My story on cities with short commuting times and low auto dependence touched on an interesting debate. As clogged as our highways are, driving is generally a much faster method of commuting than public transportation. Nationwide, the average time for driving alone to work is 24 minutes, while for public transportation, it is 48.3 minutes. Now, this is a bit of an unfair comparison because "public transportation" includes commuter rail, and people riding the train to work often travel over much greater distances than people driving to work. But even if we limit ourselves to just subways and streetcars (which cover much shorter distances than commuter rail), the difference is still stark: 47 minutes is the average commuting time for those systems.
Population alone doesn't explain the difference, either—in Houston, the vast majority of commuters drive. The Washington, D.C. metro area is of comparable size to Houston in terms of population, but has a much greater use of public transportation. But D.C. has a longer average commuting time than Houston.
The political debate enters in because advocates of smart growth, urban living, and mass transit would probably argue that this difference stems from the relative lack of investment in public transportation compared to road and highway infrastructure.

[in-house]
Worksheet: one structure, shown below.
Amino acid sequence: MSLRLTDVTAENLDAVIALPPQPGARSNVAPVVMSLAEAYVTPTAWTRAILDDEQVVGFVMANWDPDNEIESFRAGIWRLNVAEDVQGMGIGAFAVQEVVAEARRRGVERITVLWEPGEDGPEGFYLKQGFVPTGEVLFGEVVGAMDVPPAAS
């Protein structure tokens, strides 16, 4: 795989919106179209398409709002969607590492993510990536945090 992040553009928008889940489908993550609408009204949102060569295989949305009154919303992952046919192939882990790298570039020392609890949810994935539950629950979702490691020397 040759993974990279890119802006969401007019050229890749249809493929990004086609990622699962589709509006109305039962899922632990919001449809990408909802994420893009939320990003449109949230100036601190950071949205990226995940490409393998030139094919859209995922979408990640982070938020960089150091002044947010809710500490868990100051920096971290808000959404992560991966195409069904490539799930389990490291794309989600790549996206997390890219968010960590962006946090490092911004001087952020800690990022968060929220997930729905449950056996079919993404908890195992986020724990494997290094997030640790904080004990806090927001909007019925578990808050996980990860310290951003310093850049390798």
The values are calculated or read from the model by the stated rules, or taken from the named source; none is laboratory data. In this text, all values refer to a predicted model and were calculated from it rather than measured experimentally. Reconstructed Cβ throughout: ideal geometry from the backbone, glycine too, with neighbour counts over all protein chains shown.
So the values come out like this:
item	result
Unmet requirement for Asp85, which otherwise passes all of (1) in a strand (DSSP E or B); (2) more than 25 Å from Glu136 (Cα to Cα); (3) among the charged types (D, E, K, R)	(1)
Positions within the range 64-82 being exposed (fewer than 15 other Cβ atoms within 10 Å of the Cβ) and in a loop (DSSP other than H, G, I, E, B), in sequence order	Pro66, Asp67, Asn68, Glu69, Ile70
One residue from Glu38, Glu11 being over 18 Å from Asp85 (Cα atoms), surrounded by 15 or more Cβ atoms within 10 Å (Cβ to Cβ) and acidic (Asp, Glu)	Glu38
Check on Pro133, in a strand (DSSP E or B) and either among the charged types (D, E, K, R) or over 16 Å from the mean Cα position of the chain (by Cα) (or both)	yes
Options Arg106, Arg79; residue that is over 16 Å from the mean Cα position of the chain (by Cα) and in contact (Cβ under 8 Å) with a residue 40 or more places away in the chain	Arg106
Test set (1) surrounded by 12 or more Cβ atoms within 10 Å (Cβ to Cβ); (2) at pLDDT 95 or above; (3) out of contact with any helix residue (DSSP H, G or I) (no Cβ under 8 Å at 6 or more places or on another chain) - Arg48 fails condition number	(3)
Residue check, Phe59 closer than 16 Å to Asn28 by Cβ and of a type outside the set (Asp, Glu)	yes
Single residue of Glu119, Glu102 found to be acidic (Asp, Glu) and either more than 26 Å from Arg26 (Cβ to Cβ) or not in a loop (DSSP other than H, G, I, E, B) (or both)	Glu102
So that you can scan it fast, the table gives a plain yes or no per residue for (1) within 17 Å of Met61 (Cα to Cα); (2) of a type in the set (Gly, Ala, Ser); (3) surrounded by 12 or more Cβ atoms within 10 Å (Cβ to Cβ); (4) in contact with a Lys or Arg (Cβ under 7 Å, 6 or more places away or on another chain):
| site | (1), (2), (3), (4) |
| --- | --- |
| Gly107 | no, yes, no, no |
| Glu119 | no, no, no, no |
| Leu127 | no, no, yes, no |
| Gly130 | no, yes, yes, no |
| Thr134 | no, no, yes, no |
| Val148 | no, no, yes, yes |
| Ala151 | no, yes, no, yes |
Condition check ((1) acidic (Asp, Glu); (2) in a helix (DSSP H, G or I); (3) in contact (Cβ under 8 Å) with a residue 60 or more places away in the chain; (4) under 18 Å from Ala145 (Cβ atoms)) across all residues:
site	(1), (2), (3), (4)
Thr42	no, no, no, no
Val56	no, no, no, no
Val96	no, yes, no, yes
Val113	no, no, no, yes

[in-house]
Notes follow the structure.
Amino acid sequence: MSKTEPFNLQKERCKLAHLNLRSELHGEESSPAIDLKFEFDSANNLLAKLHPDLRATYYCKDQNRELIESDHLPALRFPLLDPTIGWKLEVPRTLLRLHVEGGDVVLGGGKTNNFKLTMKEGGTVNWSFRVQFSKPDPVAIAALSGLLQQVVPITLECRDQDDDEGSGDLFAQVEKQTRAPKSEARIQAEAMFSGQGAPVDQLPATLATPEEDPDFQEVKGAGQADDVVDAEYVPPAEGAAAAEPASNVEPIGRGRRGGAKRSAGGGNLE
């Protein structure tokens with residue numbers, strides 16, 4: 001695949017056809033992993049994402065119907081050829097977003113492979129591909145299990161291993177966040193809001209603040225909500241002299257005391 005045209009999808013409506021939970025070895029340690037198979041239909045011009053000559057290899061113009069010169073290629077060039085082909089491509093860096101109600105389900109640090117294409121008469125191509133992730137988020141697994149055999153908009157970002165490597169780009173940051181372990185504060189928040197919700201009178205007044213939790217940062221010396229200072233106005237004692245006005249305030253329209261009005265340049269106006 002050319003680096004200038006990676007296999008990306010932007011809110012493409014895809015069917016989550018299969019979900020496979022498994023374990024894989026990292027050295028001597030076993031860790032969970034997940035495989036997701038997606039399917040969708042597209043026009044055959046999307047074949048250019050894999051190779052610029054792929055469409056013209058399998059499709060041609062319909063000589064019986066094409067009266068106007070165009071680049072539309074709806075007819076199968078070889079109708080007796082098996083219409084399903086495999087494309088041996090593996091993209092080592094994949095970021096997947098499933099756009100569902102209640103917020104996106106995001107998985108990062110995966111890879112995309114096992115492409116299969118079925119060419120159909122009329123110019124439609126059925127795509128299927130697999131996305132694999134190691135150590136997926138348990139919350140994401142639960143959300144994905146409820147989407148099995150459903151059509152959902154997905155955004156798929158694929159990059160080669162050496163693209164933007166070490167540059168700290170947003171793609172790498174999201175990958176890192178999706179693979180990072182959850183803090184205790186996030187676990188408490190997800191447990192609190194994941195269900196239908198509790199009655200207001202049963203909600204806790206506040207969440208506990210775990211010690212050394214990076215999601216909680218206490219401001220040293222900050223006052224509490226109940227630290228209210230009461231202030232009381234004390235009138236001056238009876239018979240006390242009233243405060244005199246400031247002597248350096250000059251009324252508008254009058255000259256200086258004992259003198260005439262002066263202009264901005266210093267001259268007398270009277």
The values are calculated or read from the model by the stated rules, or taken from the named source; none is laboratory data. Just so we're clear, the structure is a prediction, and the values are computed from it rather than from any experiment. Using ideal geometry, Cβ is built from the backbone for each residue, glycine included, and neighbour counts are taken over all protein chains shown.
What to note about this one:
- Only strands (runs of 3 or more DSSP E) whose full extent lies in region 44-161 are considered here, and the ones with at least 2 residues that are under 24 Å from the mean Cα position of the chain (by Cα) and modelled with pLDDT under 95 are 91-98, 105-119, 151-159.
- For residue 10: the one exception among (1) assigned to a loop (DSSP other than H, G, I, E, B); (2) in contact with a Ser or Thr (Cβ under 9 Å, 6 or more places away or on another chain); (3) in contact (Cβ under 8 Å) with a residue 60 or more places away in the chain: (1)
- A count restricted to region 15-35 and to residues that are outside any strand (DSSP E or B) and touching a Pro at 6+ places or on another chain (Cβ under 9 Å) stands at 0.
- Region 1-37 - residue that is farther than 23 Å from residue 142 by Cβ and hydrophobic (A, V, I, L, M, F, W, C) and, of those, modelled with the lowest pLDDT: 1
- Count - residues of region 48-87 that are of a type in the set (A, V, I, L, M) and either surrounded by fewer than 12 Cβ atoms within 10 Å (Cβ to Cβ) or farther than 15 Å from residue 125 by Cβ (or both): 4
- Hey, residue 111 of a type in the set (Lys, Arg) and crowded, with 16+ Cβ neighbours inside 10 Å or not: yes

That's not a bad argument, but as this debate continues, Americans still need to figure out where and how to live. If you want to have a short commute and live in a place where a relatively large number of people get by without a car, college towns are the way to go, as my list attests. There's a good reason for this: Walking is the fastest form of commuting (11.3 minutes average) and liberal college towns like Chapel Hill and Ann Arbor tend to be walkable communities.
But if you can live close enough to work to walk there, you're in the distinct minority. It's just not feasible for most people to happen to find a home so close to their jobs. What if you want to live in a big city, not a college town? If you don't have a car, you'll probably be using public transportation, not walking or biking.
So I thought I'd switch up my methods and do an altered version of the list that focuses on cities with a high percentage of public transportation commuters (as opposed to non-car commuters, which combines public transportation with walking and biking). So these cities are the true exceptions to the rule—(relatively) heavy usage of a slow form of commuting, but with shorter-than-average commutes.
Cambridge - 29.5 percent of commuters using public transportation (excluding taxis)
Pittsburgh - 20.1 percent
Minneapolis - 27.6 percent
Portland - 12.2 percent
Cincinnati - 11.3 percent
Honolulu - 11 percent
St. Louis - 10.7 percent
Boulder - 10.3 percent
New Haven - 10.4 percent
St. Paul - 9.3 percent
Milwaukee - 8.9 percent
As you can see, once you get out of the top three, these cities are still major driving cities. So it's pretty hard to find a city with heavy use of public transportation and fast commutes.